It starts roughly the day after Valentines Day – the upper midwest’s snow and ice whining season. This is the time of year when typically upbeat midwesterners complain bitterly and incessantly about, of all things, snow in the winter.
To outsiders, complaining about snow in February and March in the upper midwest might seem about as logical as complaining about sunsets at days end. Or Vikings collapses in January. After all, these are statistically inevitable occurrences. But still we whine.
Actually, we’re not always this unstable. There are distinct snow psyche seasons in the upper midwest. From mid-October to Thanksgiving is the Giddy Season. If it snows in the Giddy Season, we frolic. We also wrap our SUVs around telephone poles. After all, it’s been six whole months since we’ve driven in the stuff.
From Thanksgiving to New Years is the Romantic Season. During the Romantic Season, snow is a highly coveted holiday prop. Sure, we bitch a bit about its effects on our travel plans, but gosh our holiday decorations look so much prettier with snow in the background. Budweiser ad-driven nostalgia wins the day.
From New Years to Valentines Days is the Grin and Bear It Season. The novelty of snow and ice is long gone. But, hey, we get a chance to use the swell new skis and expensive Snowtex undies we got for Christmas. So we plod along without (too much) complaining.
But towards the end of the Grin and Bear It Season, Groundhog Day plants a very ugly seed in our Vitamin D-deprived brains. Groundhog Day reminds us that it is statistically possible for winter to end a bit earlier than average. And hope can be a very subversive force.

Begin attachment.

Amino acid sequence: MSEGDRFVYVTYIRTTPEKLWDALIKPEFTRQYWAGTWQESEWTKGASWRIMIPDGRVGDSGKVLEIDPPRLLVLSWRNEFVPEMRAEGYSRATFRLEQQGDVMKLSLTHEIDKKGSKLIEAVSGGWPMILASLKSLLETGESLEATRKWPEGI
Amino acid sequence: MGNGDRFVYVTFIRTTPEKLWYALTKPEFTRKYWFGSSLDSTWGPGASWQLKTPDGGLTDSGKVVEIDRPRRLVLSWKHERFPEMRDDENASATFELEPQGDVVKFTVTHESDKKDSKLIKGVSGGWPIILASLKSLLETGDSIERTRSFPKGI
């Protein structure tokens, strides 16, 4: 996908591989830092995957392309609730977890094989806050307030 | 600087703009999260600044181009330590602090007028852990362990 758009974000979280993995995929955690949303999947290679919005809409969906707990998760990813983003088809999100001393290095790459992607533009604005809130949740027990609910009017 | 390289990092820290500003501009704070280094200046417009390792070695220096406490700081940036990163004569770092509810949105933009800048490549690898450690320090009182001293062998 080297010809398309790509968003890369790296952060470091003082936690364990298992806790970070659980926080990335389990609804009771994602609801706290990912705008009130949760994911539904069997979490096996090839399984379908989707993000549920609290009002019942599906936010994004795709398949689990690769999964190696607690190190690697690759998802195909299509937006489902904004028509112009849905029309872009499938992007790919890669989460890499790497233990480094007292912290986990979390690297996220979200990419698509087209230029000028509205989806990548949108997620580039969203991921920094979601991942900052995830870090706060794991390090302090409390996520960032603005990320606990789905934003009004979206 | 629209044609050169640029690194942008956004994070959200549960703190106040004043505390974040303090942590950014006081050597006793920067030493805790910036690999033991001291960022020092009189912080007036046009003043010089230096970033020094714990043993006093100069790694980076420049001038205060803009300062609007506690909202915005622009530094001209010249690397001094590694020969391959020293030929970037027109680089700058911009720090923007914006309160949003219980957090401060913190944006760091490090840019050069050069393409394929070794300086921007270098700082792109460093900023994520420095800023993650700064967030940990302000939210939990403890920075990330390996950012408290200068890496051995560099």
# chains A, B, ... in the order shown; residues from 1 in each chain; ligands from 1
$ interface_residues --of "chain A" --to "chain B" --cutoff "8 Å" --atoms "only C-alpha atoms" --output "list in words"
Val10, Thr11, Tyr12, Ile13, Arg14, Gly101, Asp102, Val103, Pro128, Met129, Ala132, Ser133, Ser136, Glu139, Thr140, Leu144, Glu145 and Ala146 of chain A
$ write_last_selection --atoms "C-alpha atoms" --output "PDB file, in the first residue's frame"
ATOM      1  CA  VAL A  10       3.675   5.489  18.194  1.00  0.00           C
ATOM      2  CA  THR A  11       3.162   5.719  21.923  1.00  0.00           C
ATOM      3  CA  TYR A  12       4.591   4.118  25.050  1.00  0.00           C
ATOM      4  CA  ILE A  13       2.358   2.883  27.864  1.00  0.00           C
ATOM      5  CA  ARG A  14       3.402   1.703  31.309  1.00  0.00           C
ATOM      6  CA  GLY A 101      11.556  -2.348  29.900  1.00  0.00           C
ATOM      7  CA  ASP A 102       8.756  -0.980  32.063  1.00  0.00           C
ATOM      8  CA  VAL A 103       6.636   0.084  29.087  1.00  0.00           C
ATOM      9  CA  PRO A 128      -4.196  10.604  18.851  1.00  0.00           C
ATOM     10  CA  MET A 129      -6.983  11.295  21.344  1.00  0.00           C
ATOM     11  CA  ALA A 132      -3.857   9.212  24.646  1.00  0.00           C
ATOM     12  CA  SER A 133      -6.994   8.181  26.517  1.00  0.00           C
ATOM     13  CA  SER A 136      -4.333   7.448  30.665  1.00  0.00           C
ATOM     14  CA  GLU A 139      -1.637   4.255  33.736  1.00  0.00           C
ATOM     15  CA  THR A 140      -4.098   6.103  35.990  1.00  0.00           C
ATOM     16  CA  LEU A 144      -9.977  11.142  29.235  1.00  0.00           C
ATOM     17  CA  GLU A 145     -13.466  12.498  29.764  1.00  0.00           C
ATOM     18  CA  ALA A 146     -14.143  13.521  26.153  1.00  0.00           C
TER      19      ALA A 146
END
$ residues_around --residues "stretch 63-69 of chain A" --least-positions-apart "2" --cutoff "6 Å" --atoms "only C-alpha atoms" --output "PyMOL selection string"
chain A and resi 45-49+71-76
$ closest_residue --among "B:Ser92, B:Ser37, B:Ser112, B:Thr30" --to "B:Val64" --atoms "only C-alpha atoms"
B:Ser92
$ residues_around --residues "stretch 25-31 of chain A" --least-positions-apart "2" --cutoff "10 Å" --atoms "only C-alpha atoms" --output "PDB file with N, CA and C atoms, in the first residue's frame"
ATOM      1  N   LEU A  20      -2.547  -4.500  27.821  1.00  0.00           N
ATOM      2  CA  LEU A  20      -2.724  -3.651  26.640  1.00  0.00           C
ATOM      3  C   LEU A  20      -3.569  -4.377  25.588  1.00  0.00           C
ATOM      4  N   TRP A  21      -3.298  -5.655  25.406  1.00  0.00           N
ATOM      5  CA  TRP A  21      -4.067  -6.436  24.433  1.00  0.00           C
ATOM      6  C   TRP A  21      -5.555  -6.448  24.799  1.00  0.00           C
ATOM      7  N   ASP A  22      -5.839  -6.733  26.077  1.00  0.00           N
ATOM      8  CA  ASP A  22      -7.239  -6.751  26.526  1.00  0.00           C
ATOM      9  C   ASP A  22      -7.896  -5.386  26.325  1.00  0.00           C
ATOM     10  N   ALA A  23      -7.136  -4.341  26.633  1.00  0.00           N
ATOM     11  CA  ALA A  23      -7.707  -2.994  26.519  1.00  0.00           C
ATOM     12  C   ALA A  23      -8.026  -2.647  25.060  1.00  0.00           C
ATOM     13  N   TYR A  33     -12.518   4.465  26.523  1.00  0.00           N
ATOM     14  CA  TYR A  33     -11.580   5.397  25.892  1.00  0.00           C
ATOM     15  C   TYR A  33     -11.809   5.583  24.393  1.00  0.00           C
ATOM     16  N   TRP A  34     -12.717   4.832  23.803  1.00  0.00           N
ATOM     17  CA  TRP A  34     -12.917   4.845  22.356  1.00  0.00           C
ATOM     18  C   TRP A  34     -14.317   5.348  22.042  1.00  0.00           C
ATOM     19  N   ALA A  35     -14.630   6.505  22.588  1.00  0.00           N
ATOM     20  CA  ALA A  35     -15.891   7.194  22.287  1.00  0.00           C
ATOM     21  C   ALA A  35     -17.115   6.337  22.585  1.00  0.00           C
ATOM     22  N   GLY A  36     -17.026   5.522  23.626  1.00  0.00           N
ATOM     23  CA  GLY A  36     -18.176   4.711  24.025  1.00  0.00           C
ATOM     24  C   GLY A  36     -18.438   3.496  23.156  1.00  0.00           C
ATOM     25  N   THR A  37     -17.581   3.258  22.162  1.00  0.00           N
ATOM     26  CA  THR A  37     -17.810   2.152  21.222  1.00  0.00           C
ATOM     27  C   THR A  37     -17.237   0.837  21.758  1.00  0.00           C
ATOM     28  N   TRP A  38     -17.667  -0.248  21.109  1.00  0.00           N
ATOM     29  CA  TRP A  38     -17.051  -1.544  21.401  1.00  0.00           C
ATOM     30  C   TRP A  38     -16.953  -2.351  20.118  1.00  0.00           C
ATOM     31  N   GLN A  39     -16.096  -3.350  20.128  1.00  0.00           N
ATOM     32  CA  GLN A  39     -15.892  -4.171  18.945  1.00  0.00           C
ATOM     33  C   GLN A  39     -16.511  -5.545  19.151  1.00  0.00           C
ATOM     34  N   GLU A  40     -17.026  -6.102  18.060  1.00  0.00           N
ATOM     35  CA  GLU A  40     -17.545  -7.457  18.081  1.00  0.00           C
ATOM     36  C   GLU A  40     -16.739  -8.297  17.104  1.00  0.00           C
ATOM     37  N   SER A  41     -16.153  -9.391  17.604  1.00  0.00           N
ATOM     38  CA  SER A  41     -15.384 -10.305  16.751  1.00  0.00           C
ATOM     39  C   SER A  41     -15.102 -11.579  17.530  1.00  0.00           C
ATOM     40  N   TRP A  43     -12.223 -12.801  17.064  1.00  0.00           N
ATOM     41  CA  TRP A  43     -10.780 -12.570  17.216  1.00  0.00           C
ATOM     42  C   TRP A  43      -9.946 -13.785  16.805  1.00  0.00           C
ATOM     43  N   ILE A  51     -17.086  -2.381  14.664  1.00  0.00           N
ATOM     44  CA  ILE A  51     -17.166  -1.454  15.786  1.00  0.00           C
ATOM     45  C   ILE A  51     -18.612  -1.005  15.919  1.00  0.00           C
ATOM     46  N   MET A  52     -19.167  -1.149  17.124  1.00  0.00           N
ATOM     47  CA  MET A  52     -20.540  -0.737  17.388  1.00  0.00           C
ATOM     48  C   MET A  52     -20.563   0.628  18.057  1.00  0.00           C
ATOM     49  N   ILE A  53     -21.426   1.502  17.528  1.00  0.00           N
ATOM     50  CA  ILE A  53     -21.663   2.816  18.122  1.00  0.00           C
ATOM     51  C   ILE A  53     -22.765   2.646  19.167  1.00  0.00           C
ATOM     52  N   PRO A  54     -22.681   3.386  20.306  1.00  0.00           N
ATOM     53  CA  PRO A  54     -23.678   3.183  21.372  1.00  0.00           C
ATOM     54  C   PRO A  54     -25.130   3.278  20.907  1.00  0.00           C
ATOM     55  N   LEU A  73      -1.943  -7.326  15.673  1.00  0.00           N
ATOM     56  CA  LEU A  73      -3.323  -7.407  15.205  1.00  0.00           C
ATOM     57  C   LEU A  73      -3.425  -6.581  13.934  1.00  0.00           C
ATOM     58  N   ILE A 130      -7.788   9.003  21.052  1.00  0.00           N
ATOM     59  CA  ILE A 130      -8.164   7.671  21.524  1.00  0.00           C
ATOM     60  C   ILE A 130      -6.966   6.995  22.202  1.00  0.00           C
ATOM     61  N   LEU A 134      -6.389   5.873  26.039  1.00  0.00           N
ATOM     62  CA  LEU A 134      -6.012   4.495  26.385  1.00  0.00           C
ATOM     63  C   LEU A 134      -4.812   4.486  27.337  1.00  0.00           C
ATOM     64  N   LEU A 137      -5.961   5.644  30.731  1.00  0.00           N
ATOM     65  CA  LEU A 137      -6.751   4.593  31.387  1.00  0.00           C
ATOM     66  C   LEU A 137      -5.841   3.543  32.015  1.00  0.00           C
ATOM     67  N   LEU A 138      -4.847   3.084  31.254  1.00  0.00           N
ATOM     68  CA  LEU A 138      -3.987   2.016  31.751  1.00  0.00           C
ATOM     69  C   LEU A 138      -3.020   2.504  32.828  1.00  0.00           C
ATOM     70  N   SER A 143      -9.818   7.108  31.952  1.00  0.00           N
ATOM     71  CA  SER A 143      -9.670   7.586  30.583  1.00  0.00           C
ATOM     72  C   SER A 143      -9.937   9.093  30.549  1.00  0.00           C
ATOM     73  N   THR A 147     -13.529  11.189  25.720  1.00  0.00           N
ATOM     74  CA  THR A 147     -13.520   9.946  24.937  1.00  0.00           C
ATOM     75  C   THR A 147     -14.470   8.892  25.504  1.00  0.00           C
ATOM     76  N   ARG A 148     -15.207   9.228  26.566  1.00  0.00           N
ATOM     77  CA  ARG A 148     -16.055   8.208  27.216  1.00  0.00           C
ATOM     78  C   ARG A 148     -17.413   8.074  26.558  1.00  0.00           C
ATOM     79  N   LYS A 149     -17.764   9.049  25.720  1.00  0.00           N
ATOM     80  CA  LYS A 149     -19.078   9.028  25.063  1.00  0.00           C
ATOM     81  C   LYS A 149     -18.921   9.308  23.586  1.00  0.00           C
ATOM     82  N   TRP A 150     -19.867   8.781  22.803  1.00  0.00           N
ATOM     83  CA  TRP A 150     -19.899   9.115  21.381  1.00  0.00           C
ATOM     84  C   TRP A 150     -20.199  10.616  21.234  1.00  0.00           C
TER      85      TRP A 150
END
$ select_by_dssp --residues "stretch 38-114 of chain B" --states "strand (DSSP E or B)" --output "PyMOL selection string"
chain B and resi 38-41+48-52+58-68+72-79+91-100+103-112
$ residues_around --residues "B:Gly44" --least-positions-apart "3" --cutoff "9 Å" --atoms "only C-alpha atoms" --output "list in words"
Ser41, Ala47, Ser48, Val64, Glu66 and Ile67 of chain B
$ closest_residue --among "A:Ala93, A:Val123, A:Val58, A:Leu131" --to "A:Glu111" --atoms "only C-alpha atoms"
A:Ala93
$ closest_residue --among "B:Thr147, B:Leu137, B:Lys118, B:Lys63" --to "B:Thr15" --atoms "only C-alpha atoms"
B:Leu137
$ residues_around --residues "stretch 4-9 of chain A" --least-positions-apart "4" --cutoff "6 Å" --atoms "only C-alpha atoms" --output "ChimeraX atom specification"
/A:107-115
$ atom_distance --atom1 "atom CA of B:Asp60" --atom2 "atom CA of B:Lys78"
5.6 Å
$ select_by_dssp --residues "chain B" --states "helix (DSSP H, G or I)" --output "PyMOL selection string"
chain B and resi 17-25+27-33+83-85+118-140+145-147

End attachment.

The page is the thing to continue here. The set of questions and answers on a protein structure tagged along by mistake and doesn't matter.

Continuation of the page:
But still, MLK Day, the Winter Carnival, Super Bowl Sunday, Valentines Day, and President’s Day give us some days off and diversions, and so we muddle through.
Then it gets ugly. From Valentines Day until Ice Out on the lakes, the natives get restless. Though snow is still metereologically normal, we act as if the gods are playing cruel and unusual pranks on us when snow happens.
Our darting eyes start to take on the look of Jack Nicholson’s in The Shining. We curse our Minnesota heritage, and our neighbors showing off their precious Ft. Myers sunburns. We start panicking about how all that dog crap is going to smell when the glacier rolls out. We stop shoveling all but the largest accumulations in bitter protest. We wander catatonically in the garden section Target has cruelly resurrected. We’re not at our best.
And this year is much, much worse. Because this year we combine our wretched Ice Whine Season with the fact that much of the country has it worse than us.
You see, the only upside of Ice Whine Season is that it allows us to feel superior to our weak neighbors beneath us. But all of the joy of winter whining is lost when people in DC and Louisiana actually have it much worse than us. I have had midwesterners get very upset at me when I have had the nerve to suggest “at least we had a normal winter and don’t have it as bad as those poor people in Virginia.”
Trust me, in the Ice Whine Season, you do NOT want to deprive northerners their self-pity.
So here I sit under my SAD lamp, Jack Torrence eyes glaring at the Target Field live webcam, wondering when oh when the groundskeeper will start circulating heated glycol through the pipes underneath center field…and wondering how much it would cost to install something like that in the dog shit section of my backyard.